Vanderhoff v. Harleysville Ins. Co. (majority)Annotate this Case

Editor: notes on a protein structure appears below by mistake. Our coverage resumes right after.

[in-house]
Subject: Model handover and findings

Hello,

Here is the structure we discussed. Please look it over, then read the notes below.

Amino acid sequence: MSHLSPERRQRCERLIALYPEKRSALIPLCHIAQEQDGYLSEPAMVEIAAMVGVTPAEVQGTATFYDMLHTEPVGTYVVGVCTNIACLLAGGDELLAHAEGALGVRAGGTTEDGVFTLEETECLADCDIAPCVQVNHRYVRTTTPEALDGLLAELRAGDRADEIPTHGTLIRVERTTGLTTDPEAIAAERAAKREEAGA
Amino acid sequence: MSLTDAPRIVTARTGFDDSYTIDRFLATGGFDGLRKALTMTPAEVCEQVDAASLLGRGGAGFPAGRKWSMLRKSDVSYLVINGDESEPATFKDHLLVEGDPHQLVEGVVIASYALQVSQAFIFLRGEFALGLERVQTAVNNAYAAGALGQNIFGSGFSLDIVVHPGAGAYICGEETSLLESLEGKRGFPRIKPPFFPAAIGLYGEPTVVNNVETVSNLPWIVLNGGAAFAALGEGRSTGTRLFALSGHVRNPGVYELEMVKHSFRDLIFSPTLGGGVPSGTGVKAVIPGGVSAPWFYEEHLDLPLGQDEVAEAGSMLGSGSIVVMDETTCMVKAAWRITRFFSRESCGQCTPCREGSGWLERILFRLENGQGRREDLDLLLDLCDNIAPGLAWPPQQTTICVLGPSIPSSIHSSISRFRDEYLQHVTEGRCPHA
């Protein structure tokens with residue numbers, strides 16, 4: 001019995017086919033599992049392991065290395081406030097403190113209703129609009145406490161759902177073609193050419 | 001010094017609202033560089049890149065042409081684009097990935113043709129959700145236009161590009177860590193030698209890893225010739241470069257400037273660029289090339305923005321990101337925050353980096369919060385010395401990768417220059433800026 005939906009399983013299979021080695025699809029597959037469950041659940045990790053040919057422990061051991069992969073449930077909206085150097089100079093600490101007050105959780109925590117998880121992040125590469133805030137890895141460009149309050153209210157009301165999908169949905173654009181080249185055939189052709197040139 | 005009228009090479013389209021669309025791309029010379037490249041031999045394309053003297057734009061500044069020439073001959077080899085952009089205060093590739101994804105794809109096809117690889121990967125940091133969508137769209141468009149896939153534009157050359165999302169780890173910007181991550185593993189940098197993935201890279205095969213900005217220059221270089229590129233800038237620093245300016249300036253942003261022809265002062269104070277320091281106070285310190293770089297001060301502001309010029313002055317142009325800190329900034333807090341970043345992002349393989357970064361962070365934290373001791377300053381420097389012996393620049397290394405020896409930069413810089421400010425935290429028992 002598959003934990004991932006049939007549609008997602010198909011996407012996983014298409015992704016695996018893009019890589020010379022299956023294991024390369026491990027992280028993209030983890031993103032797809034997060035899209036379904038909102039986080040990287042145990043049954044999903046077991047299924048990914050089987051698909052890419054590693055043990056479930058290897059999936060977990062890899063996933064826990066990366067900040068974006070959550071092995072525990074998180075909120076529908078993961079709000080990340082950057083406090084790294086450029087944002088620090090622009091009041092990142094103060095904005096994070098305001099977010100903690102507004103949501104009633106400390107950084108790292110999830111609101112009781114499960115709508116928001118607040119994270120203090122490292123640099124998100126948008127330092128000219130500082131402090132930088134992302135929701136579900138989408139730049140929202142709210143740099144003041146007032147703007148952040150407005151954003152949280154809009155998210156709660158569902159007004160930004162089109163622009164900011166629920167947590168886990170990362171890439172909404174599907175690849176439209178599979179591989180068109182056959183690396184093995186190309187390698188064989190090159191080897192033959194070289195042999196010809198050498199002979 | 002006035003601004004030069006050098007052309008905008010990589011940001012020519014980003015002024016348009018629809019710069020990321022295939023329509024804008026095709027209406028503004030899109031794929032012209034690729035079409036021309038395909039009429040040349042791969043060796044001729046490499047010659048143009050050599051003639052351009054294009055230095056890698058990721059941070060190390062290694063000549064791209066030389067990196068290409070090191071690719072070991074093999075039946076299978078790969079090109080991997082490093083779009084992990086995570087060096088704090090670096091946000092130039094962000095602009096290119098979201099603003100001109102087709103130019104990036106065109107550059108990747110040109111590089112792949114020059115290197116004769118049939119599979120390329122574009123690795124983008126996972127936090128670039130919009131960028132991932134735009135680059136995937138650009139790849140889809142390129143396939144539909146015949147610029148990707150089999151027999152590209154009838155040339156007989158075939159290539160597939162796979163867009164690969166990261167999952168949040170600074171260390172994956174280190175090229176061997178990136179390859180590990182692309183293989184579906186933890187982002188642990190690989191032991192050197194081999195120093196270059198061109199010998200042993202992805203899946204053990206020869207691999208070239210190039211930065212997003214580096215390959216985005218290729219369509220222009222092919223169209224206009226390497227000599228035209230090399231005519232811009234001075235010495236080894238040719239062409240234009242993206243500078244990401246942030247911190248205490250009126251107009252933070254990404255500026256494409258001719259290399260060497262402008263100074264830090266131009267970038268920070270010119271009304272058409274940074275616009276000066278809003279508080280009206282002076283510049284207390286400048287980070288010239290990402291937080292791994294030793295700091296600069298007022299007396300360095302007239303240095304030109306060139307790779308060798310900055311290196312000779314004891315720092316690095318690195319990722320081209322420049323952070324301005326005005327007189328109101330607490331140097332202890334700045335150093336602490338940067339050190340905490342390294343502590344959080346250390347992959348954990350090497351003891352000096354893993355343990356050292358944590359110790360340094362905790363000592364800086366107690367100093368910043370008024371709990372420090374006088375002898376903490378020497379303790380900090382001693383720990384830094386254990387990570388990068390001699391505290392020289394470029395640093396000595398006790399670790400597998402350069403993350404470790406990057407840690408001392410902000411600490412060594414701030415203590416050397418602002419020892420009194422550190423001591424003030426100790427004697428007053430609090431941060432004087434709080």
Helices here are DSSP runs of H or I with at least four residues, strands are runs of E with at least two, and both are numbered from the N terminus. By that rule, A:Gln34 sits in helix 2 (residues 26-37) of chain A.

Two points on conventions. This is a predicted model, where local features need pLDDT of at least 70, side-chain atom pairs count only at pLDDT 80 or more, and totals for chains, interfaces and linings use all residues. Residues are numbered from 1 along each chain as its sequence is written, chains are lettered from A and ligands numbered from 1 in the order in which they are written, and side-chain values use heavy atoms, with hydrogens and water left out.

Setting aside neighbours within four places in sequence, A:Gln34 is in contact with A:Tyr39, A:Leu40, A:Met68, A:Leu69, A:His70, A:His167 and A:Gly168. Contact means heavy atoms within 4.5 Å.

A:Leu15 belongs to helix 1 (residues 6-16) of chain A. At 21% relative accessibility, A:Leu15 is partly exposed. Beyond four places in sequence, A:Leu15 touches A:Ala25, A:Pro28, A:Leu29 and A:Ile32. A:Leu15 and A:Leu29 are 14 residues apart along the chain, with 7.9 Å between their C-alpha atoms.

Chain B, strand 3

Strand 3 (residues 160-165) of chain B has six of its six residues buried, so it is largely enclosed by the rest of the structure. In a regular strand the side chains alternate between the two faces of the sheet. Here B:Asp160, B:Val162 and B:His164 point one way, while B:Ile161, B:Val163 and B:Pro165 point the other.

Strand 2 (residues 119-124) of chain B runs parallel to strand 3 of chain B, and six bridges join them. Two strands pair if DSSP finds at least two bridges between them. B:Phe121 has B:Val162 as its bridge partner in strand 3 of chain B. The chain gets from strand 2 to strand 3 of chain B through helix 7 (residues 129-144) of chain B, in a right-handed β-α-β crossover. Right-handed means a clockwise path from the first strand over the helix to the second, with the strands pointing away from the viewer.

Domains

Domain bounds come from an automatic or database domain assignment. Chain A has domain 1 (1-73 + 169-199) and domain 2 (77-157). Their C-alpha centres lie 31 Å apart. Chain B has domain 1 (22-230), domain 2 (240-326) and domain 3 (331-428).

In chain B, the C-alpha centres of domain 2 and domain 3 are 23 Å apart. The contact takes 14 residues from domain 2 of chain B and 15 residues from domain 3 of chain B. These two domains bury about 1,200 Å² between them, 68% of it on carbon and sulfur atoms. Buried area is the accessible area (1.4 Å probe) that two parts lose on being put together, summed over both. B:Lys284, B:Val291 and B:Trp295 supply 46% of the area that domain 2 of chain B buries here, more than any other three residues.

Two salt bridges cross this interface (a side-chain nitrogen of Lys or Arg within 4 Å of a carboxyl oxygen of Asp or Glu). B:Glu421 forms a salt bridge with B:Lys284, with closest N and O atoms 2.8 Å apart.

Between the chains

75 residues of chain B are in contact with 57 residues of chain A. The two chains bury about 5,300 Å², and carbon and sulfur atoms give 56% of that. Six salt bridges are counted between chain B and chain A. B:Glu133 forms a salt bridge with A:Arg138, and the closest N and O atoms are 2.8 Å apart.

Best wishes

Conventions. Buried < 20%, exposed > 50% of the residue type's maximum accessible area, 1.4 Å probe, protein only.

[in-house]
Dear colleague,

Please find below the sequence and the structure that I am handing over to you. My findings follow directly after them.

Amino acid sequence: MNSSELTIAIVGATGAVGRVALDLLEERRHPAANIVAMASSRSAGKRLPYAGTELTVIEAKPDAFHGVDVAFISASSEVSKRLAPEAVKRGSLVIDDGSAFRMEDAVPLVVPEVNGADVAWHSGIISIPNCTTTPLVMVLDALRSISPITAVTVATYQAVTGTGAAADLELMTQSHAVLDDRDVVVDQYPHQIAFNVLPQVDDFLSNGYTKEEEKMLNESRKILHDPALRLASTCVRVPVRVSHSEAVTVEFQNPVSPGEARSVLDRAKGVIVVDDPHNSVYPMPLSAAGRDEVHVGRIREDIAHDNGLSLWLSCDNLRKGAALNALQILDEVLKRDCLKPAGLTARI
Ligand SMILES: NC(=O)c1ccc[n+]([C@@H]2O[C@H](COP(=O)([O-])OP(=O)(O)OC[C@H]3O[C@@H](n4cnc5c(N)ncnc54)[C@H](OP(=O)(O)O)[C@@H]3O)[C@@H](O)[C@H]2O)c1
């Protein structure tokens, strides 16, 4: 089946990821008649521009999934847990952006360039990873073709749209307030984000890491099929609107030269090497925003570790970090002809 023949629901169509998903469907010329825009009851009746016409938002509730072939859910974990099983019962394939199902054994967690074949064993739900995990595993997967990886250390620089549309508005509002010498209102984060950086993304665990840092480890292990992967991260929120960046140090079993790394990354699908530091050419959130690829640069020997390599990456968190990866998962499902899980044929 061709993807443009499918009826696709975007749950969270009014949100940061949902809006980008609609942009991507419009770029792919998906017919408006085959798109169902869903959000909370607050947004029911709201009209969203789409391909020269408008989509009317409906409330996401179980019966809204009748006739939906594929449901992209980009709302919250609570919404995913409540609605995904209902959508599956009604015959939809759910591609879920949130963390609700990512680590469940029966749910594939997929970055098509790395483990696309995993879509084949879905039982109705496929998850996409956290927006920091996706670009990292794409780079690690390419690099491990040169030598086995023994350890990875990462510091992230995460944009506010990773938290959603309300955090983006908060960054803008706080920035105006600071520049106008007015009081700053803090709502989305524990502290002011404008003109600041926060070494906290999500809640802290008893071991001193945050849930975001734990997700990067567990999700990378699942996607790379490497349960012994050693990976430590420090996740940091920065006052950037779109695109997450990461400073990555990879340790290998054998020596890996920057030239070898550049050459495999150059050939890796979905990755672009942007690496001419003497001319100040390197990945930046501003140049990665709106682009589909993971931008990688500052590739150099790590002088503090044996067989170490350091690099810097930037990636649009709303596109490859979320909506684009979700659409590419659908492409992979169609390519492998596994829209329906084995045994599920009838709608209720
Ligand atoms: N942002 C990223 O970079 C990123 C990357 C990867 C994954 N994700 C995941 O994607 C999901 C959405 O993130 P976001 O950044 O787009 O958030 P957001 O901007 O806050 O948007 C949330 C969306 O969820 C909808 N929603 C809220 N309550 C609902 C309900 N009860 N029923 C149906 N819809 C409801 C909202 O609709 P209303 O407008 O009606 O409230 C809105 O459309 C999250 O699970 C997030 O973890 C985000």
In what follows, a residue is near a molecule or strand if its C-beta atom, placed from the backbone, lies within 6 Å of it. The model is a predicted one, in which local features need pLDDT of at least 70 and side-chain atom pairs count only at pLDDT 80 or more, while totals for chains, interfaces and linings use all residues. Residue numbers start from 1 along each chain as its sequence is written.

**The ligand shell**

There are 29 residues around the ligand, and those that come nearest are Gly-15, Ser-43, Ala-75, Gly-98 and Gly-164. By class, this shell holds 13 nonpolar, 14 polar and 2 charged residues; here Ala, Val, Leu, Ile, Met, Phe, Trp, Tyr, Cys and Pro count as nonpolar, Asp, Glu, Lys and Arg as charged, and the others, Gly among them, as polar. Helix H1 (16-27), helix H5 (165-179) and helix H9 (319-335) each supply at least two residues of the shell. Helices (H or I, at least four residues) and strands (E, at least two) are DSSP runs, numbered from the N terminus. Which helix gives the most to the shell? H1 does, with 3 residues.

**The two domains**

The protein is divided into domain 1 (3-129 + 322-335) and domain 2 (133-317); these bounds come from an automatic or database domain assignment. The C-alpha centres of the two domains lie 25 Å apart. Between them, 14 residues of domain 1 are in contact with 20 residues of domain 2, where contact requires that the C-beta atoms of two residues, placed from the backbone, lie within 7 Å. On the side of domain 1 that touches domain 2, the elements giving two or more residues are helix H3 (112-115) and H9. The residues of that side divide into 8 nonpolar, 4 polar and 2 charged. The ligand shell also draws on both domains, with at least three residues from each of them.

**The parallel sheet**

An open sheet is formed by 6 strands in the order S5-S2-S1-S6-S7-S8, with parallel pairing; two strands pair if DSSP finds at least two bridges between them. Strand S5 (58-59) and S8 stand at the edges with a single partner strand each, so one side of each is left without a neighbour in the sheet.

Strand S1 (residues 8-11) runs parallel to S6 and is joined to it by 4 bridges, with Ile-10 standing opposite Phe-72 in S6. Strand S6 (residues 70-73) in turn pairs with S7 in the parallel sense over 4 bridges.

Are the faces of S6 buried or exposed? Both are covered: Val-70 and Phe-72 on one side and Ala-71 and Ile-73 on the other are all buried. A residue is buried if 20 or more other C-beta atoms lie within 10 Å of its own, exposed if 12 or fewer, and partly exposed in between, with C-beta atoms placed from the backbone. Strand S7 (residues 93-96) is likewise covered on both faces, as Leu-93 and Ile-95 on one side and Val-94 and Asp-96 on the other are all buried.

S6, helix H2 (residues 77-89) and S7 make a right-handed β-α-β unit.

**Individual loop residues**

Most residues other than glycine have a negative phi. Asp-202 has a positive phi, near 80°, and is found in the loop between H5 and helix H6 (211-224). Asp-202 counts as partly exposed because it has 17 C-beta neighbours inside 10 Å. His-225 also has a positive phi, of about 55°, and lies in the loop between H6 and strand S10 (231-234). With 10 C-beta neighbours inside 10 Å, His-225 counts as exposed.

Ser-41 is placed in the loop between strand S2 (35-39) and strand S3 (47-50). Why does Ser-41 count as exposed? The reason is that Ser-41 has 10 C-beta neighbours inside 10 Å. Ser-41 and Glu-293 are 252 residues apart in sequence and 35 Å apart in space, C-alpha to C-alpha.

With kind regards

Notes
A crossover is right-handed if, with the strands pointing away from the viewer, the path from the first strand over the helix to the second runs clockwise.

This case involved an uninsured motorist benefits claim filed in connection with injuries allegedly sustained by the appellant in a 2001 motor vehicle accident. Appellant was driving a truck insured by Harleysville Insurance Company when he rear-ended another vehicle. The police report contained no mention of a phantom vehicle being involved in the accident. Appellant later reported the accident to his employer, explaining he momentarily took his eyes off the road, and when he looked again, a vehicle was stopped in front of him; he was unable to stop and rear-ended the vehicle. Twenty days later, appellant completed a written Workers’ Compensation Employee’s Statement in which he reported the accident occurred due to the other vehicle stopping suddenly in front of him. But again, no phantom vehicle was reported. Over eight months later, appellant filed a claim for uninsured motorist benefits, alleging the accident was caused by a phantom vehicle pulling out in front of the other vehicle, causing appellant to stop suddenly. Harleysville denied appellant’s claim and sought a declaratory judgment that he was not entitled to uninsured motorist benefits. The Superior Court reversed the order of the Court of Common Pleas of Luzerne County, which held appellee Harleysville Insurance Company did not suffer prejudice as a result of appellant’s failure to report the phantom vehicle within a 30-day time requirement established by the Motor Vehicle Financial Responsibility Law (MVFRL). Upon review, the Supreme Court affirmed the Superior Court decision.